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LITHIUM: Researchers in Canada develop million-mile lithium-ion battery



NEW BRUNSWICK – A group of scientists led by Jeff Dahn, a professor at Canada’s Dalhousie University and a research partner with Tesla, published a paper in the Journal of The Electrochemical Society where they present the concept of a new battery able to power an electric vehicle for over one million miles.

The battery, thus, could make Tesla’s robot taxis and long haul electric trucks viable. It is also expected to last at least two decades in grid energy storage.

The power cell uses a nickel-rich alloy for its cathode. The alloy contains 50% nickel, 20% cobalt, and 30% manganese and it is considered to be very stable.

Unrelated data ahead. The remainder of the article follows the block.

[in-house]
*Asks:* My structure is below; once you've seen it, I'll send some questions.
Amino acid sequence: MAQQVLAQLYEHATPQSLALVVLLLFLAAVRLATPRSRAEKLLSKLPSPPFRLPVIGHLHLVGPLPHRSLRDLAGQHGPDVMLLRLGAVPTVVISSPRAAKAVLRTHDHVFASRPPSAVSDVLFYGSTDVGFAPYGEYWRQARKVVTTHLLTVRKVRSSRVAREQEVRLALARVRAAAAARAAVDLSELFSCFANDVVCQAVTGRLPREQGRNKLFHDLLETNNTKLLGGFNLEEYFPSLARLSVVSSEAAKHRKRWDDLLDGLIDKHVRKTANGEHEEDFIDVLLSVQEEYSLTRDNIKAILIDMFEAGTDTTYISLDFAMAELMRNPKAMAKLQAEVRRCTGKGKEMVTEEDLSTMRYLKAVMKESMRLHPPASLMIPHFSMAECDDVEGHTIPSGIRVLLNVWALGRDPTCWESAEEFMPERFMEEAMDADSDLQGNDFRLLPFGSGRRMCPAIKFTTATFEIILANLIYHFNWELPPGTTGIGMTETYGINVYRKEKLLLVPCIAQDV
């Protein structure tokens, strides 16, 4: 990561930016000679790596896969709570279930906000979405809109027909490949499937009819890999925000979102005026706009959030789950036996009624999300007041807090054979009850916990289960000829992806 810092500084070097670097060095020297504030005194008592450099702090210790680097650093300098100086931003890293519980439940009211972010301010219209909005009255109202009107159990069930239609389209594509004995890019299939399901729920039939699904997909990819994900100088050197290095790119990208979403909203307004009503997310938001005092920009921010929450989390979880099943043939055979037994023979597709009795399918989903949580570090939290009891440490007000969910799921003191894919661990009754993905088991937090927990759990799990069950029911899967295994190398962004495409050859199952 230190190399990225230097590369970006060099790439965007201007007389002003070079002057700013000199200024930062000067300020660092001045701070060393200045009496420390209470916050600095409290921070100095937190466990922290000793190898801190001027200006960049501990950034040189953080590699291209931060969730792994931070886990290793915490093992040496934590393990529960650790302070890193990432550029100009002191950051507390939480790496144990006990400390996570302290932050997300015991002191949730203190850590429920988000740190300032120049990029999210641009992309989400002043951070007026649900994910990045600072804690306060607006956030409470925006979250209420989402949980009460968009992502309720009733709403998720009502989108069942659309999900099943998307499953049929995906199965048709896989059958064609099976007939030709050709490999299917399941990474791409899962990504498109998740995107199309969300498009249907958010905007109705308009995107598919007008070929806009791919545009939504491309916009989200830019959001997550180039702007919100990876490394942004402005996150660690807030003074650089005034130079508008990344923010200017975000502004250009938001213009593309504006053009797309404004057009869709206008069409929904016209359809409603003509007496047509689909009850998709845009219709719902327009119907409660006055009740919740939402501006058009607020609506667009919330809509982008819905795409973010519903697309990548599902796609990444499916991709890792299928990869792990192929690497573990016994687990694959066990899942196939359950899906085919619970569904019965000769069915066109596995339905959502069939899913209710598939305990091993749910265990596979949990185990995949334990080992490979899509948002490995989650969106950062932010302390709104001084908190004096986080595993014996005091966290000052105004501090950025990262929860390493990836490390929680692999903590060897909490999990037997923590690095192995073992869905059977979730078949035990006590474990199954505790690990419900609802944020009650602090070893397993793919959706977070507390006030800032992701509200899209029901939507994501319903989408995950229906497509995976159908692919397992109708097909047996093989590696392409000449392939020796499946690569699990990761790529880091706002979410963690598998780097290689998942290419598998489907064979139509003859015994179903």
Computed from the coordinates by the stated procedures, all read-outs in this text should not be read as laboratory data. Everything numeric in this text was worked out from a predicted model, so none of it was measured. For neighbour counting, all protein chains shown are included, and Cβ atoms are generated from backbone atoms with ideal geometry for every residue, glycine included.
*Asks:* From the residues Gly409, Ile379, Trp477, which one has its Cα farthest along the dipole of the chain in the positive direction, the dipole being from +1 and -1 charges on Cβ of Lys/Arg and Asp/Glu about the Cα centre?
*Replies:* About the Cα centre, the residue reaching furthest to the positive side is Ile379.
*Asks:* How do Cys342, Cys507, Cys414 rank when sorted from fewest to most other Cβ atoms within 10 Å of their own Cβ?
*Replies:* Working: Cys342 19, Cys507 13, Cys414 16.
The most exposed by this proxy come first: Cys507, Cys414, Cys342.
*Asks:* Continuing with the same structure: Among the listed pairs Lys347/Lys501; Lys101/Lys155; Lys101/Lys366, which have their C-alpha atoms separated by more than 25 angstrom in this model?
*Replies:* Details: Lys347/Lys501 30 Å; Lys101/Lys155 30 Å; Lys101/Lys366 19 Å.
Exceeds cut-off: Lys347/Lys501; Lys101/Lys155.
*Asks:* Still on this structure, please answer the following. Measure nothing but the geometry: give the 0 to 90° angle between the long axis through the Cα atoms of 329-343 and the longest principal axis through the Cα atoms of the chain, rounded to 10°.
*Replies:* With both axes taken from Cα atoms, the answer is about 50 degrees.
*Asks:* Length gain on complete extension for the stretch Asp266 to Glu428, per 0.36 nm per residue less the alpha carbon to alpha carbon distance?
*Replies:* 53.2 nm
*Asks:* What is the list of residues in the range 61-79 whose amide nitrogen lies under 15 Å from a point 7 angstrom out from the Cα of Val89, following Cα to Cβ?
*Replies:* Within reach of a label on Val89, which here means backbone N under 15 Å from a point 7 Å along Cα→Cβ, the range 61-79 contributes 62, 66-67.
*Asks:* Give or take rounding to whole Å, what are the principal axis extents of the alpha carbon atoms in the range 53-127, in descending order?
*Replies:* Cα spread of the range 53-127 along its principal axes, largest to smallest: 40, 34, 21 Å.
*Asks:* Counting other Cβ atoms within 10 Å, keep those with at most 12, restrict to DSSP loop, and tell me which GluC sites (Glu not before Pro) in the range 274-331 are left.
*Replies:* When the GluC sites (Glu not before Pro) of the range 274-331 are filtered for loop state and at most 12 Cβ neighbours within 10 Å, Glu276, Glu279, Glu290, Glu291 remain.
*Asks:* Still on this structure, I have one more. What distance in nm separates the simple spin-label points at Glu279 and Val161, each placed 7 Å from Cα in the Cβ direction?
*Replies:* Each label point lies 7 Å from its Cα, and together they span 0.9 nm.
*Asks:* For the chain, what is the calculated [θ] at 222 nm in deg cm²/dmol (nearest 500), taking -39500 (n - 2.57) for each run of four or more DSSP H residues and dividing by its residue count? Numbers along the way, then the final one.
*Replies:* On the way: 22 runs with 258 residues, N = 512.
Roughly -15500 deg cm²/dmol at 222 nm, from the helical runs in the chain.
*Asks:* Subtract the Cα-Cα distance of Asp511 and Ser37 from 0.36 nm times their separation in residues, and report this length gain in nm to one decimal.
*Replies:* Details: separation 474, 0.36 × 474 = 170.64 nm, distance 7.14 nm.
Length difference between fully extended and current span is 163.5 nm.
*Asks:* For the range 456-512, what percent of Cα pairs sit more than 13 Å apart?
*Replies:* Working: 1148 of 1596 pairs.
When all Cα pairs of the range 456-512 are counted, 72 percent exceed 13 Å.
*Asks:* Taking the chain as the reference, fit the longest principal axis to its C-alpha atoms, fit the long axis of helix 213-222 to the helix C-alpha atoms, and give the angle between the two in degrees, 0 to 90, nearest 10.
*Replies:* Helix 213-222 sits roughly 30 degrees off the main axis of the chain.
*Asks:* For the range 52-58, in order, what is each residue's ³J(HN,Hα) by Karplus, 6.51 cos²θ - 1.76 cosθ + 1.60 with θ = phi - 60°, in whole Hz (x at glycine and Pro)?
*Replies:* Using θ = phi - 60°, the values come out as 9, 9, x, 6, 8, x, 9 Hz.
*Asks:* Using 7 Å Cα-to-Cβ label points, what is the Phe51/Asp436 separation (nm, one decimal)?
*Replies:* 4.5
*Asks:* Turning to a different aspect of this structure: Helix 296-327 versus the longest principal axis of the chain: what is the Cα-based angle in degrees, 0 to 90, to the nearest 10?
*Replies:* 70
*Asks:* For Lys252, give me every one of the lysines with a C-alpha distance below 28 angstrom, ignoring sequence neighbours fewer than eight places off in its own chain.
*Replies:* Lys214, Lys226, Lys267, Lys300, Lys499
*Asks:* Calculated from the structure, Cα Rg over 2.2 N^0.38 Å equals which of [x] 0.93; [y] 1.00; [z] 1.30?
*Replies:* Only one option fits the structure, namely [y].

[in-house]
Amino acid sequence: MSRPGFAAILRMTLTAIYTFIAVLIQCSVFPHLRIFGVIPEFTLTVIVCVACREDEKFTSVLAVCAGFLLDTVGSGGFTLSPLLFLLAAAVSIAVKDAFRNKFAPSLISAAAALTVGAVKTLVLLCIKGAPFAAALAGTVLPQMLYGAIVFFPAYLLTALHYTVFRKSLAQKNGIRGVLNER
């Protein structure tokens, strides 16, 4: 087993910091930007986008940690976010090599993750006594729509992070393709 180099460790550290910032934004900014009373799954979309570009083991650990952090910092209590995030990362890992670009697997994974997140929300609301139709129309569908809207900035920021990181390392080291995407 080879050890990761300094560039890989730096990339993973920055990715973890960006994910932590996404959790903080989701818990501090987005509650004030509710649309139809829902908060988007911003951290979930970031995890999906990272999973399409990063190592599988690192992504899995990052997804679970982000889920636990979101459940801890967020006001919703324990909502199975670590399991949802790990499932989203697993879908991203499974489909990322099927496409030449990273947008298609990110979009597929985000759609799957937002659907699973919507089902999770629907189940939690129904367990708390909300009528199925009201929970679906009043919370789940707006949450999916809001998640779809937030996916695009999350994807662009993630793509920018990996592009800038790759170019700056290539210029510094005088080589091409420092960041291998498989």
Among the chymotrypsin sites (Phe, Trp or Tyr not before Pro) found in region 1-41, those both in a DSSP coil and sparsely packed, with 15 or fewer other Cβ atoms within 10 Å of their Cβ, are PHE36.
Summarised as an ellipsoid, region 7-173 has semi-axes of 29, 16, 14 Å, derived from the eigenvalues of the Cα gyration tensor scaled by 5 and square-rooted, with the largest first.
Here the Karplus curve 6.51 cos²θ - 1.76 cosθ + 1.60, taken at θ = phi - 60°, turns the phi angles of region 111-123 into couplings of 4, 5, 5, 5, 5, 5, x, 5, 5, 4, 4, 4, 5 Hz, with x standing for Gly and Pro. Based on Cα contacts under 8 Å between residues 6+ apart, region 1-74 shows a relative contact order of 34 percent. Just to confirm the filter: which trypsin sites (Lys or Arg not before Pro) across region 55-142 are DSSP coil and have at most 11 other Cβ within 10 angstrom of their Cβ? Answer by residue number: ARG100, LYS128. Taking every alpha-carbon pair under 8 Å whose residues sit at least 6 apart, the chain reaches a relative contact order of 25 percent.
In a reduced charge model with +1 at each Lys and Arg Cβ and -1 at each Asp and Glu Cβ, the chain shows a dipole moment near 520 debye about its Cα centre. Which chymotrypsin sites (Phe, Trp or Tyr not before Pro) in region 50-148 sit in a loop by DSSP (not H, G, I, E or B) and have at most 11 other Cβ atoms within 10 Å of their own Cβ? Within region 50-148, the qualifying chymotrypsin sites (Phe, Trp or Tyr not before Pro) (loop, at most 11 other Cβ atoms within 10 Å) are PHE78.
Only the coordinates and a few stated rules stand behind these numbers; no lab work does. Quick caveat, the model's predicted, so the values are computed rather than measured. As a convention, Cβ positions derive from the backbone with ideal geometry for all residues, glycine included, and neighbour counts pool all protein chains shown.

The cells’ ratio of energy storage ability to weight is 20% higher than that of the cathodes used in lithium-ion batteries used in electronic devices.

According to the researchers – who have been working on the model for over three years – their product should serve as a benchmark for academics and companies developing advanced lithium-ion cell chemistries.

“These results are far superior to those that have been used by researchers modelling cell failure mechanisms and as such, these results are more representative of modern Li-ion cells and should be adopted by modellers,” they wrote in their paper.

This story originally appeared on www.Mining.com.